Titration Curves Of Diprotic Acids

 

A diprotic acid is an acid with two ionizable hydrogens such that it yields two H+ ions for each acid molecule. Examples of diprotic acids are H2CO3 (carbonic acid) , H2C2O4 (oxalic acid), and H2SO3 (sulfurous acid). The ionization of a general diprotic weak acid ionizes in water in two steps:

H2A(aq) H+(aq) + HA-(aq)                Ka1 = [H+][HA-]/[H2A]

HA-(aq) H+(aq) + A2-(aq)                  Ka2 = [H+][A2-]/[HA-]

Because H2A has two ionizable hydrogens, its titration curve has two equivalence points, as shown below.

 

 

The equations for the acid-base reaction occurring between H2A and NaOH are:

from the beginning to the first equivalence point:

H2A(aq) + NaOH(aq) NaHA(aq) + H2O(l)

from the first to the second equivalence point:

NaHA(aq) + NaOH(aq) Na2A(aq) + H2O(l)

and for the overall reaction:

H2A(aq) + 2NaOH(aq) Na2A(aq) + 2H2O(l)

At the first equivalence point, all the H+(aq) from the first ionization of H2A have reacted with the NaOH. At the second equivalence point, all the H+(aq) from the second ionization have reacted with the NaOH. The volume of NaOH added at the second equivalence point is twice that of the first equivalence point.

It is possible to determine the H2A acid dissociation constants, Ka1 and Ka2, using the graph below.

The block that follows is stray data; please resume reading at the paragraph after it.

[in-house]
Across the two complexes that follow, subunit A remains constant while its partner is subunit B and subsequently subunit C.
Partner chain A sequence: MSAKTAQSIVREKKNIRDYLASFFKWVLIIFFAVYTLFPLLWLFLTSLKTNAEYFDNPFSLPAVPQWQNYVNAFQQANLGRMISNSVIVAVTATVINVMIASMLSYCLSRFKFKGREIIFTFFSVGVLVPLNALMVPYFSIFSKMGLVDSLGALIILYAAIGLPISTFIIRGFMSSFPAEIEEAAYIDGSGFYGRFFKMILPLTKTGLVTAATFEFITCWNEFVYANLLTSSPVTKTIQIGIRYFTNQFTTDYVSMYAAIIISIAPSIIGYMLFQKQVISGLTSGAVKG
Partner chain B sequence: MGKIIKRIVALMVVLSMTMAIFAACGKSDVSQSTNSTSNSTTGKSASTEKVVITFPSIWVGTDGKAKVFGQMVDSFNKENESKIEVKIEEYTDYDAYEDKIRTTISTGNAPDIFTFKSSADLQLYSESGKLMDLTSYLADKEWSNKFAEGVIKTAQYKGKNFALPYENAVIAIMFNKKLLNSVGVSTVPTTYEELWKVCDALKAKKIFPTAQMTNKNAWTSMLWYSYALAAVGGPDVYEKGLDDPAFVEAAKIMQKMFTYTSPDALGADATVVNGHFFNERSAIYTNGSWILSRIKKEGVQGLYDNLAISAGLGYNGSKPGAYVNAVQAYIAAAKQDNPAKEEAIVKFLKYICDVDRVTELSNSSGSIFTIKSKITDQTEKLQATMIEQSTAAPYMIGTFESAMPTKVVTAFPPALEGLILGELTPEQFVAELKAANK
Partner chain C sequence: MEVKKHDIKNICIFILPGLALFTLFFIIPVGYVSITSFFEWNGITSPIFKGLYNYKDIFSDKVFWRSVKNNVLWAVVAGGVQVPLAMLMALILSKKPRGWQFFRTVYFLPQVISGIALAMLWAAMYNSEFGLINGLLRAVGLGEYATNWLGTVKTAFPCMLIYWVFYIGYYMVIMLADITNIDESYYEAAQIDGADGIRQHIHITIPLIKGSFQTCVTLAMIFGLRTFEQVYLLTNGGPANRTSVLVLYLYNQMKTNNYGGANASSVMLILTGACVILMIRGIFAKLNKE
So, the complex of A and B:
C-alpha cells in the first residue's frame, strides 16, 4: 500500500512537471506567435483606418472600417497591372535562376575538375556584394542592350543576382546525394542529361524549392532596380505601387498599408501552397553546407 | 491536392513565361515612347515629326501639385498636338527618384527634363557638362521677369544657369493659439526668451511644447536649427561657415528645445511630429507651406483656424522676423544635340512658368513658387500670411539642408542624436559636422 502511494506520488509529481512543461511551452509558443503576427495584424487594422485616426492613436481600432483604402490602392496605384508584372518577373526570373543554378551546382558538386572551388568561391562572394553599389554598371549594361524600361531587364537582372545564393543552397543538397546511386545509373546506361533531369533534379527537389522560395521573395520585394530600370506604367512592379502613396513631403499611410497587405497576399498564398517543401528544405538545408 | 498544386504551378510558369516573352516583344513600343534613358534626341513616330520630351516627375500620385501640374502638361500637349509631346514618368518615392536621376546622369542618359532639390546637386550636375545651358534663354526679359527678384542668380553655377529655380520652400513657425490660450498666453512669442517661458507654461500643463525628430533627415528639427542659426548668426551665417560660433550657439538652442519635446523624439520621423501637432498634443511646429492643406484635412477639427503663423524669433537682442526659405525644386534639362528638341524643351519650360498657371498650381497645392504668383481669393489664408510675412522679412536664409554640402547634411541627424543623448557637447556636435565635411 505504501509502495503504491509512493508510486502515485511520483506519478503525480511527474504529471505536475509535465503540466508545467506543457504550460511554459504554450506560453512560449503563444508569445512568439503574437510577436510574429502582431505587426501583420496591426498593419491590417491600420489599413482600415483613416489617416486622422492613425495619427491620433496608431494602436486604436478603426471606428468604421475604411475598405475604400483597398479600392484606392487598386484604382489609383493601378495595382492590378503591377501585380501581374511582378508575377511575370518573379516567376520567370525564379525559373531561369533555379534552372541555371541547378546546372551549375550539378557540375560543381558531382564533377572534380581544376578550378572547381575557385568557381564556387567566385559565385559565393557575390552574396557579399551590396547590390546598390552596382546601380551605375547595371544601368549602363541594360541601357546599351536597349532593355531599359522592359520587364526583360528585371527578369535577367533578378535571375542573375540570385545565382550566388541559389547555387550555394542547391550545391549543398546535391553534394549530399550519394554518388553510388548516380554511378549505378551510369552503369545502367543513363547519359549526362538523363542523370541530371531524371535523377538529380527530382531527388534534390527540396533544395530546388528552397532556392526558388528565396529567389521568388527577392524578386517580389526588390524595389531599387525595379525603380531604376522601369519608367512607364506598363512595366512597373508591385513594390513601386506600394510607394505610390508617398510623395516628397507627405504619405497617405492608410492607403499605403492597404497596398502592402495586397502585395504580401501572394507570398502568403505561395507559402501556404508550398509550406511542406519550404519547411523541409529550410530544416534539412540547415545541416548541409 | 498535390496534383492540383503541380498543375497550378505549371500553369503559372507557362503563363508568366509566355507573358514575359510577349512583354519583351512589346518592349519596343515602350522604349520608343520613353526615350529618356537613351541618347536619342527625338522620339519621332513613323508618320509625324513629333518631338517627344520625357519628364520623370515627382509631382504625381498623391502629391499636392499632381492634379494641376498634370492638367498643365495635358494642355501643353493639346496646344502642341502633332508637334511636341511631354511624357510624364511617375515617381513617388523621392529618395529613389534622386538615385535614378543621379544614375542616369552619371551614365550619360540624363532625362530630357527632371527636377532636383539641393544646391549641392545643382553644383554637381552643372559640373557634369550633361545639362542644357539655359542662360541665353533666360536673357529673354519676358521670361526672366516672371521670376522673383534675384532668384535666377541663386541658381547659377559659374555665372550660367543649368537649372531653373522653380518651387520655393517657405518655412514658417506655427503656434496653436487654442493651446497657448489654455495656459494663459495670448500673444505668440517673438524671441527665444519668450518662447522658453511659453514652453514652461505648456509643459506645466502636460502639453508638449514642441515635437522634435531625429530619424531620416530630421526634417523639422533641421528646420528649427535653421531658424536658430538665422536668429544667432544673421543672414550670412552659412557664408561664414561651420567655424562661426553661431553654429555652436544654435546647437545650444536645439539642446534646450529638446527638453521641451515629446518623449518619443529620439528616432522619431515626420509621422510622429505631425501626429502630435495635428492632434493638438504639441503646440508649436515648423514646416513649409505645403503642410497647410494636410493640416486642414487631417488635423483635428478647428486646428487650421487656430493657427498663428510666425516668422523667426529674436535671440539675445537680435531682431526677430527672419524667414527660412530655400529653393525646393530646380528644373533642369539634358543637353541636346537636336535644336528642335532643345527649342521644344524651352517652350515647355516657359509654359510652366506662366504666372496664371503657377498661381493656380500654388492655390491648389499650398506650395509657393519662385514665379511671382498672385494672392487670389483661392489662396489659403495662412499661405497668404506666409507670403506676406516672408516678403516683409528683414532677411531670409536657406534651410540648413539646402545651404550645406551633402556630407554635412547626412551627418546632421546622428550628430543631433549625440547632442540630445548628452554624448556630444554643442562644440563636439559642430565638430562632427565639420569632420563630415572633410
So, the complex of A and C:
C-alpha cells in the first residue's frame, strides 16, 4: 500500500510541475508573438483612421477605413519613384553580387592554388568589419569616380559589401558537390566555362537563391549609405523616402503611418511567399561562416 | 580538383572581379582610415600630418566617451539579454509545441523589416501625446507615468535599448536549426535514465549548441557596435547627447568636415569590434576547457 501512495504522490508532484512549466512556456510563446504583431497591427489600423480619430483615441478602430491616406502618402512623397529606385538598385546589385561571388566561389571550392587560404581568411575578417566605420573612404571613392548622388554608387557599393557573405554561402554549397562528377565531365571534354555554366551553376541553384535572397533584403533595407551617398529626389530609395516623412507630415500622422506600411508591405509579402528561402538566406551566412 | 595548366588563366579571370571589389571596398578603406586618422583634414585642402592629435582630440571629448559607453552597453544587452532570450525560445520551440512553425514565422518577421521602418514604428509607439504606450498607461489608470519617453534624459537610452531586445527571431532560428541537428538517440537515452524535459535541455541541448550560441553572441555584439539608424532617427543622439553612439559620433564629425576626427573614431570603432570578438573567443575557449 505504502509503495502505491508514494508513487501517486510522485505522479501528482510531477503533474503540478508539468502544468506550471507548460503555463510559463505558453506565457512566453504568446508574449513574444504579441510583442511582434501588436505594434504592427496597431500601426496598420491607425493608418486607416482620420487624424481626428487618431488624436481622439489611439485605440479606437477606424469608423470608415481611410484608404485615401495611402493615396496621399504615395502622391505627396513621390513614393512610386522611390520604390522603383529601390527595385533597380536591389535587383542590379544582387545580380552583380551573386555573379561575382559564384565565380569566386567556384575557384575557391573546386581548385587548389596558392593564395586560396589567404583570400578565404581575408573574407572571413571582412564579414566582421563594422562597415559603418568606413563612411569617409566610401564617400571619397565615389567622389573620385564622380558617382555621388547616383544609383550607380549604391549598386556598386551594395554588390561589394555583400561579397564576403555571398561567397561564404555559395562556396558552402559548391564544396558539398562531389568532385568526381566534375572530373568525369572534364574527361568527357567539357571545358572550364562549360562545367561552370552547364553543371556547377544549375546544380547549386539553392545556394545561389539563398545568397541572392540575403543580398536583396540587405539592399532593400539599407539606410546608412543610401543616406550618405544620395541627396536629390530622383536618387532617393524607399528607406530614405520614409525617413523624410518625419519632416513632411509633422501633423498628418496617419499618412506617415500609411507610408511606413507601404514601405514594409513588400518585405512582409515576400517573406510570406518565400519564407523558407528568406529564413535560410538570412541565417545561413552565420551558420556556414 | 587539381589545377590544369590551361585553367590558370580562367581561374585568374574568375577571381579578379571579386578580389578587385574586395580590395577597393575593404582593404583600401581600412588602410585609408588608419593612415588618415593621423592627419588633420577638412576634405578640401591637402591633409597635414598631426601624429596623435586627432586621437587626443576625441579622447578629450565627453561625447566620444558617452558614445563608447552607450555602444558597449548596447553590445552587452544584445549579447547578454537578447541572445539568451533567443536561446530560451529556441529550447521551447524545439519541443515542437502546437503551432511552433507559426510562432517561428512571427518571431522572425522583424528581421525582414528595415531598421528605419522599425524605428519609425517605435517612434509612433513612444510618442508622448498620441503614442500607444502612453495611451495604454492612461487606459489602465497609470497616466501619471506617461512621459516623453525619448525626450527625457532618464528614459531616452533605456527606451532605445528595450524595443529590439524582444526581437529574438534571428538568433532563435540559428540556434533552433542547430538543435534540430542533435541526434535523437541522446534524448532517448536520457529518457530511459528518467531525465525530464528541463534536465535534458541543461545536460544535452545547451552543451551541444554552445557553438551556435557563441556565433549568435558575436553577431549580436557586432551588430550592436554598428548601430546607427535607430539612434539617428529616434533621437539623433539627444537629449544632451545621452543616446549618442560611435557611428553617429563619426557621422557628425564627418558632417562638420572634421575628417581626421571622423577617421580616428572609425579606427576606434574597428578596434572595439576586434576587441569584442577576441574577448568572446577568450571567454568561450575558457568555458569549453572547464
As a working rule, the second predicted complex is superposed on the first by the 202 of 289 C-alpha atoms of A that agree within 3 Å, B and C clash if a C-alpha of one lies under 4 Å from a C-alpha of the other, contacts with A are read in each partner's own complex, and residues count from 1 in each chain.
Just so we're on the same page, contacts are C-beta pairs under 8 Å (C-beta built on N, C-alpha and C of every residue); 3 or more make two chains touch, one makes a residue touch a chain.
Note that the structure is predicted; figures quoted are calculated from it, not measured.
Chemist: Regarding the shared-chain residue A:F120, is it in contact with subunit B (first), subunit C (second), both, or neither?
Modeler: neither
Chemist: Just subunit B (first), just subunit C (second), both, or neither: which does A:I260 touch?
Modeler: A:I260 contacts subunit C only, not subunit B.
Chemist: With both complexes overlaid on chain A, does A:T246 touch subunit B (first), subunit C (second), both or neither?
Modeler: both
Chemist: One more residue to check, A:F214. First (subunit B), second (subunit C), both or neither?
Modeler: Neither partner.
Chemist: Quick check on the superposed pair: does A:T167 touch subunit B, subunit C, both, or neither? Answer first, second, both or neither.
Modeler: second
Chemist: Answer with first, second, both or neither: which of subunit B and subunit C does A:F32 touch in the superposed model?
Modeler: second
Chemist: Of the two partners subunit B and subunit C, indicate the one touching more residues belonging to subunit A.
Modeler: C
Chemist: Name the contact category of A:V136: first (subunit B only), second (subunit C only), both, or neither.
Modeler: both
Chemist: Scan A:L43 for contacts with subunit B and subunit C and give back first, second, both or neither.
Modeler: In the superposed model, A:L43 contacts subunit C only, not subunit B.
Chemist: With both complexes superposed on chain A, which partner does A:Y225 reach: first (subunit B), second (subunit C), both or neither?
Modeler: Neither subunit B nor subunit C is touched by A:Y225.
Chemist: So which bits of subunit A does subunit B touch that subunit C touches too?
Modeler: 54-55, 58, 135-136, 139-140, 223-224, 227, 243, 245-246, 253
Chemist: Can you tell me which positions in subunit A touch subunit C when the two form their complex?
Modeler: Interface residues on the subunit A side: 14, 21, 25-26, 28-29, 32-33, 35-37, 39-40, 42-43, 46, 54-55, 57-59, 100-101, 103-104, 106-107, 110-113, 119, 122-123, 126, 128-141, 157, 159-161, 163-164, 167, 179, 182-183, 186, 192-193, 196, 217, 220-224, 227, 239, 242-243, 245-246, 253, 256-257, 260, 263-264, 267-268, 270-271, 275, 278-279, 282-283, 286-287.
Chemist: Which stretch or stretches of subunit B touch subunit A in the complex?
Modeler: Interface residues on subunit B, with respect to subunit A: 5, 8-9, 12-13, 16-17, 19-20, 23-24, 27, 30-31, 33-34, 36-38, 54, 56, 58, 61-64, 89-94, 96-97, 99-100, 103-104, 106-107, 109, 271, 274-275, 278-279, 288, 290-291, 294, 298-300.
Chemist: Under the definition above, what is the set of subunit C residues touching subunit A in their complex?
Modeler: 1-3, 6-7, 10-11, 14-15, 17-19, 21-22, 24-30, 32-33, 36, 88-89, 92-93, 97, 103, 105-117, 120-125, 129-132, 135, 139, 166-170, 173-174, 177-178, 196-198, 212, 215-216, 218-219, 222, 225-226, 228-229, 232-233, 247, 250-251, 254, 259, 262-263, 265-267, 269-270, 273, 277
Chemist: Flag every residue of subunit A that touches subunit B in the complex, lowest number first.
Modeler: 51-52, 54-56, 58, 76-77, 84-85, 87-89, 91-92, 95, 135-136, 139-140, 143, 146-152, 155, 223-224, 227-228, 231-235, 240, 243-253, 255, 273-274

Ka1 = [H+][HA-]/[H2A]            (1)

Ka2 = [H+][A2-]/[HA-]              (2)

 

 

 

On the graph, the red vertical line at 5.12 mL is the first half-titration point which represents when one-half of the H+(aq) ions in the first ionization have been titrated with NaOH. The first half-titration point volume is one-half the volume of the first equivalence point. At the point, 5.12 mL, [H2A] = [HA-] which can be substituted in Equation (1) above to yield:

Ka1 = [H+][HA-]/[HA-] = [H+]

Taking the log of both sides yields:

log Ka1 = log [H+]

-log Ka1 = -log [H+]

pKa1 = pH

This means that the pH at the first half-titration point, 5.12 mL, equals the pKa1 of H2A. After pKa1 is determined from the graph, the equation Ka1 = 10-pKa1 can be used to determine the first dissociation constant for the acid H2A.

Using the same steps as above, it can be shown that pKa2 = pH at 15.39 mL of NaOH.

The same analysis can be used to determine the Ka's of triprotic acids such as phosphoric acid, H3PO4.